Do you know to set up GitHub Scrum workflow?

Last updated by Brady Stroud [SSW] about 1 month ago.See history

GitHub issues (classic) offers a great way to have an agile development process following a kanban process. Unfortunately it requires a bit of effort (or a 3rd party tool) to set it up for good Scrum.

Note: Based on GitHub Scrum workflow.

How it works

  • Product Backlog Items (PBIs) are reported as issues
  • Points and metadata are assigned to PBIs as labels
  • milestones are used to group issues in Sprints

1. Create issues as Product Backlog Items

To create a new backlog item, it is best practice to configure GitHub issue templates for your repository. See Configuring issue templates for your repository

Make sure you assign suitable labels to the issue. Later on during the Sprint Forecast meeting, the issue should be prioritized and added to a Sprint (milestone) if appropriate.

Issues allow you to have a conversation about the item and even allow you to create task lists inside the issue using GitHub's markdown.

2. Add labels to issues

Add the following labels to your repository:

Estimates

estimate labels allow you to set estimates in your backlog. E.g.:

Label Time Estimate
estimate: 1 2 hour
estimate: 2 4 hours
estimate: 4 1 day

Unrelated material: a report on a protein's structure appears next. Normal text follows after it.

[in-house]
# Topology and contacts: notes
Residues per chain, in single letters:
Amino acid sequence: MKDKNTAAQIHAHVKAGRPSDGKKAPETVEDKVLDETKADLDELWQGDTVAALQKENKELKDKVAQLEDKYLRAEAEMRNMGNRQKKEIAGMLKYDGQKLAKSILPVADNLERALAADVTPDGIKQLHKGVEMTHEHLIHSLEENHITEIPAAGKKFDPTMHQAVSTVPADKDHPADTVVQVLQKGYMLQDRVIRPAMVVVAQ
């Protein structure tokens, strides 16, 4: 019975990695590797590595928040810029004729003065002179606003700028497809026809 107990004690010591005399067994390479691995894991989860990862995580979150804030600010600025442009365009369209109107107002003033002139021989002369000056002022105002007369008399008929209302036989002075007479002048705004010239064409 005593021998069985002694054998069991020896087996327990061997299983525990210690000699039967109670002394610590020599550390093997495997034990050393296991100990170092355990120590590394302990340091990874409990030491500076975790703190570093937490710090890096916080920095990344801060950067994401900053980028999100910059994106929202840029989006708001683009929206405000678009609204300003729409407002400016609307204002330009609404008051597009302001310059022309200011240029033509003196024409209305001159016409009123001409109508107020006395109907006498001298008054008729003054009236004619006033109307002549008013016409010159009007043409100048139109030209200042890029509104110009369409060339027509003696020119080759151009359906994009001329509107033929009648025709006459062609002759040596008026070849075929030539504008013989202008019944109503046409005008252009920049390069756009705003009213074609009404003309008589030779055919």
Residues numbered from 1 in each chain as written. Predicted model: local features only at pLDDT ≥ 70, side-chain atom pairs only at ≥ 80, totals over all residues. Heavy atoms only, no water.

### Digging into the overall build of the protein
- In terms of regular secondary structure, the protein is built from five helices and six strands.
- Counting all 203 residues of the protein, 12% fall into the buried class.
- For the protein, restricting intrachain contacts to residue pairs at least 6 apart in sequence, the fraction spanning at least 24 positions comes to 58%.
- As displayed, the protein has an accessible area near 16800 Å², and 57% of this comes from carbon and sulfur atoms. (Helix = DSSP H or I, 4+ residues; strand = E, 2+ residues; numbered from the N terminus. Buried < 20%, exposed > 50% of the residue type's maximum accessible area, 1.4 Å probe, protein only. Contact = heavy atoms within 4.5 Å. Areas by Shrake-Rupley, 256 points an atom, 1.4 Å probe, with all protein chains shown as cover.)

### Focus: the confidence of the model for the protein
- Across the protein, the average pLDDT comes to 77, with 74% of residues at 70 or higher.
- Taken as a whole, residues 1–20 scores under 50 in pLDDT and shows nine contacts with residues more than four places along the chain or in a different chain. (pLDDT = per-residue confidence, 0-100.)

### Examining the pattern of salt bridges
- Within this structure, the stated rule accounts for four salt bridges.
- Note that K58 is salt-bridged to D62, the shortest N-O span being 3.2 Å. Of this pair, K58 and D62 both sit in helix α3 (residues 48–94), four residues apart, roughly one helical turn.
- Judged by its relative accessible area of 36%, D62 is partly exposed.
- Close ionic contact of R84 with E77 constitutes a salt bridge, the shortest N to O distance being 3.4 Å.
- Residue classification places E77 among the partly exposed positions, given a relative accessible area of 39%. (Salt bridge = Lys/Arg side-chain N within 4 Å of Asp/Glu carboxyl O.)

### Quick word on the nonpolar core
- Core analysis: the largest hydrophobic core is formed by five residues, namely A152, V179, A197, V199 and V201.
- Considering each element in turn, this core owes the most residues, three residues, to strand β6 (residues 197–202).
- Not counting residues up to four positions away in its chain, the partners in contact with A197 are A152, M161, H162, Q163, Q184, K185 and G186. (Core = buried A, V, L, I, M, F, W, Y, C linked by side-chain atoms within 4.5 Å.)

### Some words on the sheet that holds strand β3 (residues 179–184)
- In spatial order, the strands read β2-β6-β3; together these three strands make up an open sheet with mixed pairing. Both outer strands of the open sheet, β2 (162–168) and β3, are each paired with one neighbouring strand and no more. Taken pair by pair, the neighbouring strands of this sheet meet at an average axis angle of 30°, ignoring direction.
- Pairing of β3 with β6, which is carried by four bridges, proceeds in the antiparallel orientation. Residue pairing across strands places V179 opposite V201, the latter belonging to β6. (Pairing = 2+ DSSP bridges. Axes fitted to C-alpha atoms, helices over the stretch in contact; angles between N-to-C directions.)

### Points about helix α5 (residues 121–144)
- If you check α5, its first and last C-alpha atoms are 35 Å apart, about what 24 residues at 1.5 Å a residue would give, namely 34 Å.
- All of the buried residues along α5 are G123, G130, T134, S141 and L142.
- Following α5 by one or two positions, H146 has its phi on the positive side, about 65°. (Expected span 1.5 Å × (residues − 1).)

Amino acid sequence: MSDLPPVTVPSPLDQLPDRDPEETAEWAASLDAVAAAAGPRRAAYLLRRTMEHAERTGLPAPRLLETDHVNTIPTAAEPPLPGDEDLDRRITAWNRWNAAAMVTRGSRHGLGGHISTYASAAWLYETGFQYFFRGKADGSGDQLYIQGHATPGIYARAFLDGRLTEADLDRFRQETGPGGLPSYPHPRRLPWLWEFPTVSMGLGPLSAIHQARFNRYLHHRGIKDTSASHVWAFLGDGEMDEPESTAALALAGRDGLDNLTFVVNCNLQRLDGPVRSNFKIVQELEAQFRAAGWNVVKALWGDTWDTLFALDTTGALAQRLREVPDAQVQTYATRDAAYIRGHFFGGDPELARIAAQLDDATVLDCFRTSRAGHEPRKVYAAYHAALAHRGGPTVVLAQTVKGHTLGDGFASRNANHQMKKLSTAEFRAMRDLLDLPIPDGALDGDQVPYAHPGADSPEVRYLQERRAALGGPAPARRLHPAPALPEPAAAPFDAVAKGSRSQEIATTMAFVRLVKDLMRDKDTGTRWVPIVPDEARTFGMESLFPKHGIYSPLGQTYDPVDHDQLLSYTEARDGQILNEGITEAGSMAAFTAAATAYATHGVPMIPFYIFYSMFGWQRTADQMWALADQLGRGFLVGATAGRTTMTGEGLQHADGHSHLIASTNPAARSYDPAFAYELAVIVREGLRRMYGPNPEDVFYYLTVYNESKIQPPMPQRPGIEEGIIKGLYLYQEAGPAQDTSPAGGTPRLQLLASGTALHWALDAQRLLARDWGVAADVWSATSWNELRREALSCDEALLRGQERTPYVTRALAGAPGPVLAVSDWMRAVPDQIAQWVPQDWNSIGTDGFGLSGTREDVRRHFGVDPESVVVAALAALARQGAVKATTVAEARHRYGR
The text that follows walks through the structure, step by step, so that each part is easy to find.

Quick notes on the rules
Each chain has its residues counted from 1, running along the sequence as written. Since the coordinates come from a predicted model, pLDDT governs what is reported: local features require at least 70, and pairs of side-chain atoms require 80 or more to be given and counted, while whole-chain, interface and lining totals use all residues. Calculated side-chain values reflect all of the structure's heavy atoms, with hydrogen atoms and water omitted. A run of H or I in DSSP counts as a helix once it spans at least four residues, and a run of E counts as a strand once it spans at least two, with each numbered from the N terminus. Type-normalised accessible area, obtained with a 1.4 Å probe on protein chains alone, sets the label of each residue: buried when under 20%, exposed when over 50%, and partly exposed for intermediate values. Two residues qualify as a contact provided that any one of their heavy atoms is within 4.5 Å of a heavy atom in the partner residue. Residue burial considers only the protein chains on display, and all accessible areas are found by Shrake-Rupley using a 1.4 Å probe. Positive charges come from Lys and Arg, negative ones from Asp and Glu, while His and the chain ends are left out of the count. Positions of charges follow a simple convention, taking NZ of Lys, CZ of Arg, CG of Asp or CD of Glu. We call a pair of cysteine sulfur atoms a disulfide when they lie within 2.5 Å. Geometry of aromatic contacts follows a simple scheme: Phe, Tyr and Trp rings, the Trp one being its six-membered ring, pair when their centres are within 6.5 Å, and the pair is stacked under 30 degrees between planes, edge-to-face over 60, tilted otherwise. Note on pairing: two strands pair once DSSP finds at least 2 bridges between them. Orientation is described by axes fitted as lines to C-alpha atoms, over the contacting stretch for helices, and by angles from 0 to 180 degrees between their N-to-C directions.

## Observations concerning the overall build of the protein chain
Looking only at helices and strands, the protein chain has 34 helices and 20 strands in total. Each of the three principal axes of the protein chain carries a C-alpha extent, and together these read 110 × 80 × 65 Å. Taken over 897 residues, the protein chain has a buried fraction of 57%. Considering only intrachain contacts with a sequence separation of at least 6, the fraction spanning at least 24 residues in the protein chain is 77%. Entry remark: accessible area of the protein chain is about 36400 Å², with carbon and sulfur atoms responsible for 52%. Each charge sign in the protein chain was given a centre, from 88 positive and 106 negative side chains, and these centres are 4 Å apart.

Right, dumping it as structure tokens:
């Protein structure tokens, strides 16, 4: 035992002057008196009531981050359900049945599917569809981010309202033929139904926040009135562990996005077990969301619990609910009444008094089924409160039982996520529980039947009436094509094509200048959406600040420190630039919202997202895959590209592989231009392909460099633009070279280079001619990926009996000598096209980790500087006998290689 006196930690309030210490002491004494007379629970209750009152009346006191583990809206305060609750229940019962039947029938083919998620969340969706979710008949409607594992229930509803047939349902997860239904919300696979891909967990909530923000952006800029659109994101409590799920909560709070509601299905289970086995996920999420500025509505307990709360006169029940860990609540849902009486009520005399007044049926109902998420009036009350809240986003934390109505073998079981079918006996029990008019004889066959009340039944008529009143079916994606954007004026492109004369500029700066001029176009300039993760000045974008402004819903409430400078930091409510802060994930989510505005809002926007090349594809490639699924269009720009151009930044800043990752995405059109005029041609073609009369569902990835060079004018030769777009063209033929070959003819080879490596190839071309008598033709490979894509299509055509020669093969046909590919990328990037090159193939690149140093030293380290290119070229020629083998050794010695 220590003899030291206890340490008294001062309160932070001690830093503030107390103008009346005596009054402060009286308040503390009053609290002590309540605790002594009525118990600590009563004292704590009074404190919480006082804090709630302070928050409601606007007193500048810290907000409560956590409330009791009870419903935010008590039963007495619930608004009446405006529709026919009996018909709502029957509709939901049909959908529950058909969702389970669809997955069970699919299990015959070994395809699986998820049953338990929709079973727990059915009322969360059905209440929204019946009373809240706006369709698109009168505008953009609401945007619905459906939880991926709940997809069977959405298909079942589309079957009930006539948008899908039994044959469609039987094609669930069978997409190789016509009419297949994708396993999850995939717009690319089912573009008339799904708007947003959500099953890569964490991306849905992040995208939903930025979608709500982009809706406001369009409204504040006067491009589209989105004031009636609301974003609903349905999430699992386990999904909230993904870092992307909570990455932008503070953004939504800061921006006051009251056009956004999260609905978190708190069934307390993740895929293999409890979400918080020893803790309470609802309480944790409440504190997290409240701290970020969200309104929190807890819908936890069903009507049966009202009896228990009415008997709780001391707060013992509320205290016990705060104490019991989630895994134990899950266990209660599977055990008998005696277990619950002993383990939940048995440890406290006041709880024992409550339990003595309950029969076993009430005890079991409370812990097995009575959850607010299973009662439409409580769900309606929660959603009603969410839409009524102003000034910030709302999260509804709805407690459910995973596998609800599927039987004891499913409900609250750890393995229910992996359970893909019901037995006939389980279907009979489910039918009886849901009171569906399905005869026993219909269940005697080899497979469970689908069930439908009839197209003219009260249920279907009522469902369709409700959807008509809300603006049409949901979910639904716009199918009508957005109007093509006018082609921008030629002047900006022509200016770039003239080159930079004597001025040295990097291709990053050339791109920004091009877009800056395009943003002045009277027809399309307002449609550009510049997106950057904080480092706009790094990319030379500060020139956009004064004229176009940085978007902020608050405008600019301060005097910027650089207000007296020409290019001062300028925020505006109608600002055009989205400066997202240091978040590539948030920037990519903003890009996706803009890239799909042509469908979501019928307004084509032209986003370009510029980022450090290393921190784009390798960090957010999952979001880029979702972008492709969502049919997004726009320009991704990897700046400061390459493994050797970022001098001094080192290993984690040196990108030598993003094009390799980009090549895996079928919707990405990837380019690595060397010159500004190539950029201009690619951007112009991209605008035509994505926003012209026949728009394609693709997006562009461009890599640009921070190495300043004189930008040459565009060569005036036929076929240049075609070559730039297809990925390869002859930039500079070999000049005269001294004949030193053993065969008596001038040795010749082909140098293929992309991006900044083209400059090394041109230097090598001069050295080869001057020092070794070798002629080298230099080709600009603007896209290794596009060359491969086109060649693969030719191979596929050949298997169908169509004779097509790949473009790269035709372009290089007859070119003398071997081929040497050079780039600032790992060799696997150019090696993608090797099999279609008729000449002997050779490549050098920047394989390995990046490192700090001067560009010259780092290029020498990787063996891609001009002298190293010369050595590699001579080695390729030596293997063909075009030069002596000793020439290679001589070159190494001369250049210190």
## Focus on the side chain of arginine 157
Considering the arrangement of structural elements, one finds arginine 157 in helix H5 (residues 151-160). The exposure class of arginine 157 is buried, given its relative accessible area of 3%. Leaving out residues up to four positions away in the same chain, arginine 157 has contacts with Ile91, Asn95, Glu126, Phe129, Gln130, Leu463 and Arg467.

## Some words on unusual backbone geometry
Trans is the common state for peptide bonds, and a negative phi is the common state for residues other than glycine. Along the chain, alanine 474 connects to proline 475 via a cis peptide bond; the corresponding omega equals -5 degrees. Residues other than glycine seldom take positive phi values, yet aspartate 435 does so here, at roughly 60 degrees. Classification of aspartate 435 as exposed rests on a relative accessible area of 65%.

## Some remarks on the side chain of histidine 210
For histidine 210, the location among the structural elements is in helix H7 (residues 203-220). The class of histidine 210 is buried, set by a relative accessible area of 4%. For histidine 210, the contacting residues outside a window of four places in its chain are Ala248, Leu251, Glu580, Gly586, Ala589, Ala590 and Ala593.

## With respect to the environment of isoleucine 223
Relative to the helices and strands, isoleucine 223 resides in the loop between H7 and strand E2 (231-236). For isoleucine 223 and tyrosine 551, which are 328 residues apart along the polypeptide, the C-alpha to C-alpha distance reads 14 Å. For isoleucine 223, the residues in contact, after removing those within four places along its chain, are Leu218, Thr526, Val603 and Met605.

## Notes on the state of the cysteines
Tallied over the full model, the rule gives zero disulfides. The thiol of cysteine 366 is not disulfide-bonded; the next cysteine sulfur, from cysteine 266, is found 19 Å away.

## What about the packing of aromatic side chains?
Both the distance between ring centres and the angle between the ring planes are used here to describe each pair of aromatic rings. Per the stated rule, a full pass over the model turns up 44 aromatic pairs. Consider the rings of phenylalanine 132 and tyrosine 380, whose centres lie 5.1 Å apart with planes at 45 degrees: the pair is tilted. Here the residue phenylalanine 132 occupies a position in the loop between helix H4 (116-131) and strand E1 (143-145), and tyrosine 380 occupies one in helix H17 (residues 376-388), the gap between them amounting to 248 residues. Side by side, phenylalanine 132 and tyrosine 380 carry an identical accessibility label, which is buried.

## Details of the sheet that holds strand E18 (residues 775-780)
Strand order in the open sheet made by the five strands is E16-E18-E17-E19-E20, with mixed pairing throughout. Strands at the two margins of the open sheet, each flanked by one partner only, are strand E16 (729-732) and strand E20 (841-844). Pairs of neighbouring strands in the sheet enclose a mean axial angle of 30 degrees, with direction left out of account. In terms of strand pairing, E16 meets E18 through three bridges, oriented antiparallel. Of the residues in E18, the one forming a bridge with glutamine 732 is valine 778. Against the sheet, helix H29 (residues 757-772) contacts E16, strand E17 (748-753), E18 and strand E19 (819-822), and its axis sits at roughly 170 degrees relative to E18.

estimate: 8 2 days
estimate: 16 4 days
estimate: 32 2 weeks
estimate: 64 1 month

Your actual estimates should align with the rule Estimating - Do you know how to size Product Backlog Items (PBIs) effectively?

Types

type labels allow you to easily filter PBIs in the dashboard. E.g.:

Label Type
type:bug bug
type:chore chore, maintenance work
type:feature new feature
type:infrastructure infrastructure related
type:performance performance related
type:refactor refactor
type:test test related

Others

You can define and assign custom labels that you need within your workflow or organization.

3. Define Sprints as milestones

You can create a milestone for every Sprint and add Product PBIs from the backlog to a milestone.

This process allows you to group PBIs in Sprints and track them by milestone in your issue dashboard (github.com/issues when logged in).

The backlog then consists of all PBIs that have no milestone attached to them.

Tip: Use no:milestone in the search field on your issue dashboard to find PBIs.

See Rules to Awesome Documentation to follow best practices on setting up a projects README.

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